How to Start an Apartment Complex

There's nothing simple about constructing an apartment building. Nor is it easy to convert that charming, old brick factory into a contemporary collection of lofts. But if owning a rental complex is your goal, you can make it happen. Whether your long-term goal is to become the next Donald Trump or you're just seeking year-round income from rentals, owning an apartment complex will satisfy either desire. This article will help get you started, whether you're refurbishing existing architecture or building from the ground up. You might be so delighted with the results once you're done, you'll start scouting additional properties to expand your real estate empire.

Step 1

Work with a realtor to purchase an existing building or find a location zoned for multifamily dwellings that suits the type of apartment building you plan to construct. Negotiate the selling price with the owner. Hire an architect to handle the design or redesign of the project.

Step 2

Commission a mortgage broker to compare rates and terms to recommend the best deal for your financial circumstances. Contact an insurance agent to obtain quotes for insuring the building during the construction or remodeling phase as well as quotes for a policy to insure the structure against damage and liability issues once the building is occupied.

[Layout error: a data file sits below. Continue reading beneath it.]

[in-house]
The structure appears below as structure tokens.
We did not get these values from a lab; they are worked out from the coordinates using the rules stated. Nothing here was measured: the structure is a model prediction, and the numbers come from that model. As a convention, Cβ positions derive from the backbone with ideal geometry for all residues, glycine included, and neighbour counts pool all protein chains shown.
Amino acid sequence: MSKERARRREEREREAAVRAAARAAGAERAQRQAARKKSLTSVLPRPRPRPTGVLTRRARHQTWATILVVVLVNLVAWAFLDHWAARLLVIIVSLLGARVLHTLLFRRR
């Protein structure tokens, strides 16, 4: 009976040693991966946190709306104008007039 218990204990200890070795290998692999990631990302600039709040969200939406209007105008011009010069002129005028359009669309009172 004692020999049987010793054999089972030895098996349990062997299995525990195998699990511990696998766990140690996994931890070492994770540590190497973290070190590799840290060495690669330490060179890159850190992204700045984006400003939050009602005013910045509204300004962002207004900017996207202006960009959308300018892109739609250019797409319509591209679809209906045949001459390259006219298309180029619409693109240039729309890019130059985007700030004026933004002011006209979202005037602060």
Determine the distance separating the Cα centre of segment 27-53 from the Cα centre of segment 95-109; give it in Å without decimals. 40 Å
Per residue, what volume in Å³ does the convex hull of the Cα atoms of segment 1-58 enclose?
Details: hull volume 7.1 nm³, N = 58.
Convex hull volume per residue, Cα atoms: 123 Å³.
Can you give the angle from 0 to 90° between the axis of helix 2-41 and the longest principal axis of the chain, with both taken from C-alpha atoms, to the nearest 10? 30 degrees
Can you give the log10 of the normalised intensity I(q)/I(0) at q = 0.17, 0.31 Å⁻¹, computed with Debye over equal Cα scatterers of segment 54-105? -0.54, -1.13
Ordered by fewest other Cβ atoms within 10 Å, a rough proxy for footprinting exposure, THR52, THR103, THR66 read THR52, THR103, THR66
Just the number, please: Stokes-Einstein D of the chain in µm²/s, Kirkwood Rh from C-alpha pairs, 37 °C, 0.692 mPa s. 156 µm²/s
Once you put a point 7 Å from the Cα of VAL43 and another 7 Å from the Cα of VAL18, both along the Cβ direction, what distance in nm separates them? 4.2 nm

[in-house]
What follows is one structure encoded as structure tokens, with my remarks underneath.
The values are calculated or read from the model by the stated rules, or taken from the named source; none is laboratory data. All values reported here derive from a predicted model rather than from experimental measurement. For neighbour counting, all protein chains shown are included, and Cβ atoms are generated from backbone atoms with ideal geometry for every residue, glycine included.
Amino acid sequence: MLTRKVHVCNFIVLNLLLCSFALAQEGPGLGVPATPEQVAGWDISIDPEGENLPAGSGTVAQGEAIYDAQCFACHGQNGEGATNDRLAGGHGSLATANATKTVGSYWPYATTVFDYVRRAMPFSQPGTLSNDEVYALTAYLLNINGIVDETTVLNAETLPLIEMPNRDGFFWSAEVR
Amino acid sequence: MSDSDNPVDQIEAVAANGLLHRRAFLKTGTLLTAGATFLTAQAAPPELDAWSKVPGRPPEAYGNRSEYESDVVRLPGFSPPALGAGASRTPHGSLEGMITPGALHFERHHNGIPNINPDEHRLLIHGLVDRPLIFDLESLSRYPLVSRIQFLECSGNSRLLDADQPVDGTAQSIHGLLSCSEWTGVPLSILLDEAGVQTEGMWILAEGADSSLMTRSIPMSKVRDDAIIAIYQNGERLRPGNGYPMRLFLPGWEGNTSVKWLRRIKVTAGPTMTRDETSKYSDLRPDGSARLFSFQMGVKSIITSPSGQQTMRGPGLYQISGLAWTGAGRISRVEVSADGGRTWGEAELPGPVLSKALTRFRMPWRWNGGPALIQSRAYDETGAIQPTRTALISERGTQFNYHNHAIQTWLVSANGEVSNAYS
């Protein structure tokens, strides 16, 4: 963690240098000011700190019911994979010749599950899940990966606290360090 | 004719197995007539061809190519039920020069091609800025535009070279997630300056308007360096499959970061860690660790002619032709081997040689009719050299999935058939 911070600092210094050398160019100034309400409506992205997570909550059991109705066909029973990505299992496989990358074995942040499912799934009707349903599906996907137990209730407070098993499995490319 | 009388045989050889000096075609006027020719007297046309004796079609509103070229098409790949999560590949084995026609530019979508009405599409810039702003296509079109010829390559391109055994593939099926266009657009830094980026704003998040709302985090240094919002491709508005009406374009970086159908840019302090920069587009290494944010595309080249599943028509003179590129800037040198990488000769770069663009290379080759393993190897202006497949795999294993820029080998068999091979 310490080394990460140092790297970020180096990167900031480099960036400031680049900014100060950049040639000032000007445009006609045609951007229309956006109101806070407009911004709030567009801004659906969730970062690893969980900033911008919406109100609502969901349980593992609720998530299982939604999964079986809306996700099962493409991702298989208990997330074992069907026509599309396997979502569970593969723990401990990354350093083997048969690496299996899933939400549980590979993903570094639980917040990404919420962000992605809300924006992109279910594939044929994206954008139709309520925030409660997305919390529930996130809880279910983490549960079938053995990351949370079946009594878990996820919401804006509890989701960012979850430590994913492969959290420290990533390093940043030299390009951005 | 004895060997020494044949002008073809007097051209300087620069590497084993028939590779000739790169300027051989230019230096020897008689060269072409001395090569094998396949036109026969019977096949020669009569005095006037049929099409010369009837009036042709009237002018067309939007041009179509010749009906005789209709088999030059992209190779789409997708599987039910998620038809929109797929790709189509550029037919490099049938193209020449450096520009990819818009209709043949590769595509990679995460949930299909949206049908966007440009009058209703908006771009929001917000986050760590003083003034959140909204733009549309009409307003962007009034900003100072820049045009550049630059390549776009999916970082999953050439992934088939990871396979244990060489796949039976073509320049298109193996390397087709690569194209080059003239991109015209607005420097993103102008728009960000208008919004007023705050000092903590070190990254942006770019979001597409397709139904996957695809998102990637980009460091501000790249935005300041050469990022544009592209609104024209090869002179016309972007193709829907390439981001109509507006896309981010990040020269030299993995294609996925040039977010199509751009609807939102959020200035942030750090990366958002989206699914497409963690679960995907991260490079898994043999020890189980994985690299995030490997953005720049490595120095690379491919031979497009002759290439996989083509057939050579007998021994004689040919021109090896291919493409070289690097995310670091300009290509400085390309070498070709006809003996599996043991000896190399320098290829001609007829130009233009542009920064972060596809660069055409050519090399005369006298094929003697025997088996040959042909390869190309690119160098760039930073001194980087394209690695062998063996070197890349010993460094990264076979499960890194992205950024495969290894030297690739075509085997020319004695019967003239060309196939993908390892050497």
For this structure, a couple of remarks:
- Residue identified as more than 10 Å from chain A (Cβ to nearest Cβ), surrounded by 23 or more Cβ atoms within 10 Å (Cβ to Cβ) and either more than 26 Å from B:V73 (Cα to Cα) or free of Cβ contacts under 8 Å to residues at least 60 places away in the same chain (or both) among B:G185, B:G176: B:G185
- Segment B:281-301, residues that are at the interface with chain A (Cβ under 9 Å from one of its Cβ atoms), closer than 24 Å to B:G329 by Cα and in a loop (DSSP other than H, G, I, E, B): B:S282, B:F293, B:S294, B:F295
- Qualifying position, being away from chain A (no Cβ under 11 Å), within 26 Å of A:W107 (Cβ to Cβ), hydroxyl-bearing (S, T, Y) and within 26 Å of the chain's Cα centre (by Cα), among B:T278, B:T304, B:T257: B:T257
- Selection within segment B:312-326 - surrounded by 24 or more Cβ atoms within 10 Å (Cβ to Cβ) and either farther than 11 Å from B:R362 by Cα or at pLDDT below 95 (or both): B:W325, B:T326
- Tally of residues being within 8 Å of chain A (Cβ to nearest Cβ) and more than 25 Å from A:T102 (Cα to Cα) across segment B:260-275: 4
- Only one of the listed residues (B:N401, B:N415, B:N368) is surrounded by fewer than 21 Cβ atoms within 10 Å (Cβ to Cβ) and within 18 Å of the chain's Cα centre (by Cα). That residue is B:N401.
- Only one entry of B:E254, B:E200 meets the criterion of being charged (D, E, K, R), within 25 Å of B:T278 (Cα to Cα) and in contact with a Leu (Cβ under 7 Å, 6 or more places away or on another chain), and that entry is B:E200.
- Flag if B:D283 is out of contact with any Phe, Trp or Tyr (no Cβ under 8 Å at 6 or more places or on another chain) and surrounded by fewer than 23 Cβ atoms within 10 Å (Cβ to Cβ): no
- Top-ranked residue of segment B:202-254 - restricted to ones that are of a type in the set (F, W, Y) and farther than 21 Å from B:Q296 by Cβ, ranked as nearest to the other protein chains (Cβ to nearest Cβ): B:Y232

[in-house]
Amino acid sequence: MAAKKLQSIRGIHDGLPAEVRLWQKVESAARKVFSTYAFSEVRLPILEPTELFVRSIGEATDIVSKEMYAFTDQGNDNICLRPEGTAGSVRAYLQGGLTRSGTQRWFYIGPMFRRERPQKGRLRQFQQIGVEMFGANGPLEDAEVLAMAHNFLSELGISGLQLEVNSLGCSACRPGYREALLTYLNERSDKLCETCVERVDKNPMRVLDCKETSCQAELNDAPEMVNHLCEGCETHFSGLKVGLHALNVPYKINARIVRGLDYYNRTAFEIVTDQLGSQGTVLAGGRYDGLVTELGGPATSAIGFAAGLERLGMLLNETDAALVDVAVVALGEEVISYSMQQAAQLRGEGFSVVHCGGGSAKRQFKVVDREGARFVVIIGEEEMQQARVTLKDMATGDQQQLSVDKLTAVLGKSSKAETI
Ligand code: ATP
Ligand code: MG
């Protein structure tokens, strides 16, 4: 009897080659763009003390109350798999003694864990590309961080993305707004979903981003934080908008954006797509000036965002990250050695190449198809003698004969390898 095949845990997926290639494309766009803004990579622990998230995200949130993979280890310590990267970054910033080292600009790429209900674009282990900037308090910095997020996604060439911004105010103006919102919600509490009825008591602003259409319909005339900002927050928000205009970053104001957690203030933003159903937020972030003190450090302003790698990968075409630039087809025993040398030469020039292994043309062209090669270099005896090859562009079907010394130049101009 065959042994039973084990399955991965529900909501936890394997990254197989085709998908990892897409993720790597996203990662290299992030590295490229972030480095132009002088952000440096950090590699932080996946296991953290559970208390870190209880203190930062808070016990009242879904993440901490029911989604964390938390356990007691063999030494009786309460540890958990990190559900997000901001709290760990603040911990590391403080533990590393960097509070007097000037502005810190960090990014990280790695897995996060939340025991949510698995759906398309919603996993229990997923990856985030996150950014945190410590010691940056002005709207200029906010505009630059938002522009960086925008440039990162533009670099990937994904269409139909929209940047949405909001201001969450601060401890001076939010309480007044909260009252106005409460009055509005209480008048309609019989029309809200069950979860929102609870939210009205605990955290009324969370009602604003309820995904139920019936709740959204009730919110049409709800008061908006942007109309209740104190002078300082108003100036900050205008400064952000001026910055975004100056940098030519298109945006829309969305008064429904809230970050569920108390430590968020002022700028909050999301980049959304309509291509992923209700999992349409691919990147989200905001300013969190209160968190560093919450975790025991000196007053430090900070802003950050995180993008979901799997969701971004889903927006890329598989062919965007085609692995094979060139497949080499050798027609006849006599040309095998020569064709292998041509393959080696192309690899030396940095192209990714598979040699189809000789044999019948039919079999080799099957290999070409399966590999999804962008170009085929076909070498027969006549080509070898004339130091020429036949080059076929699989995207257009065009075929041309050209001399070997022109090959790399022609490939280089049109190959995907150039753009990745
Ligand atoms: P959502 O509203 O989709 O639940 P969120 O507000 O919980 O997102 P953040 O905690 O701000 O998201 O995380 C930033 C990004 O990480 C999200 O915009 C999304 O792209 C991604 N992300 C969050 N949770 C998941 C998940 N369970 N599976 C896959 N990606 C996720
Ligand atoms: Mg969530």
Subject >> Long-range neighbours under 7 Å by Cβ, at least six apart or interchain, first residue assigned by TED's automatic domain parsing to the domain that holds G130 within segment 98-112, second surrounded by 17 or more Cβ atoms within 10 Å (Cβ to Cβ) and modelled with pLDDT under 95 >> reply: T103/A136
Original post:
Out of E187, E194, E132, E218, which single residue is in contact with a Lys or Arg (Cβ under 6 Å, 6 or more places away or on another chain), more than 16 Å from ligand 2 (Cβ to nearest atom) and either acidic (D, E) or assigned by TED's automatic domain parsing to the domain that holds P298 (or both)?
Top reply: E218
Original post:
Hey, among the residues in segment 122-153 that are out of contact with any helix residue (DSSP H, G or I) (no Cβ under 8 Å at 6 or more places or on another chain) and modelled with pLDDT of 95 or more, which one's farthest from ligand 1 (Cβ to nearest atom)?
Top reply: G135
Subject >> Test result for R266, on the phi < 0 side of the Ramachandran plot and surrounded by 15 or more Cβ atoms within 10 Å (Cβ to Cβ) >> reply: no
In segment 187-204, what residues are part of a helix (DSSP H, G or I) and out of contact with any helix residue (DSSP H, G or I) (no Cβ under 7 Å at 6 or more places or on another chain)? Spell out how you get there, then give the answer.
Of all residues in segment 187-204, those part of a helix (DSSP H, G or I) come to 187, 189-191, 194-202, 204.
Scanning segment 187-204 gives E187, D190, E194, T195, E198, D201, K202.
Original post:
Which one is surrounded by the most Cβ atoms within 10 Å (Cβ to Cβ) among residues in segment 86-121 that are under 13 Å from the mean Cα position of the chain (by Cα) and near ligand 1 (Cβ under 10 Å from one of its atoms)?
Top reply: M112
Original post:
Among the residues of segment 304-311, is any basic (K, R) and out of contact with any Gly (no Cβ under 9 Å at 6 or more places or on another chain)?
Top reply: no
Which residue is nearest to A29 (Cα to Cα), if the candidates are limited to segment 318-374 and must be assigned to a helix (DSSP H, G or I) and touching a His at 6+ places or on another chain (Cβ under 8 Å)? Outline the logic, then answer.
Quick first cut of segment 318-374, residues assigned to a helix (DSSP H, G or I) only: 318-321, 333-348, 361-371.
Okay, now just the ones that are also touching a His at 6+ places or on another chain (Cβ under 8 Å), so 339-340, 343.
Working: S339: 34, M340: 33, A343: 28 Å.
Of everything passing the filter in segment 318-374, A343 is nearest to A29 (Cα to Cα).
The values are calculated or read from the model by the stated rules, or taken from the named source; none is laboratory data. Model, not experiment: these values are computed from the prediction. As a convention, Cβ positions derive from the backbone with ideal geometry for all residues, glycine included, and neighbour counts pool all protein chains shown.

Step 3

Hire a building inspector to do a thorough examination before you close on the property to ascertain structural flaws if the property you are purchasing already exists. Find a contractor with a substantive portfolio of apartment build-outs or ground-up construction methods. Obtain permits and break ground for the new complex.

Step 4

Supervise construction and work closely with the contractor through the final inspection. Hire a decorator to put the finishing touches on the new or refurbished apartment building, including carpet and window treatments.

Step 5

Attend the closing with your attorney. Have your legal representative draw up a standard lease for new tenants or use a rental contract template found at office supply stores as your example. Draw up a list of rules and regulations for tenants to cover such issues as late-night noise, moving hour parameters and the limits to which a renter can make interior alterations.

Gail Cohen

Based in Chicago, Gail Cohen has been a professional writer for more than 30 years. She has authored and co-authored 14 books and penned hundreds of articles in consumer and trade publications, including the Illinois-based "Daily Herald" newspaper. Her newest book, "The Christmas Quilt," was published in December 2011.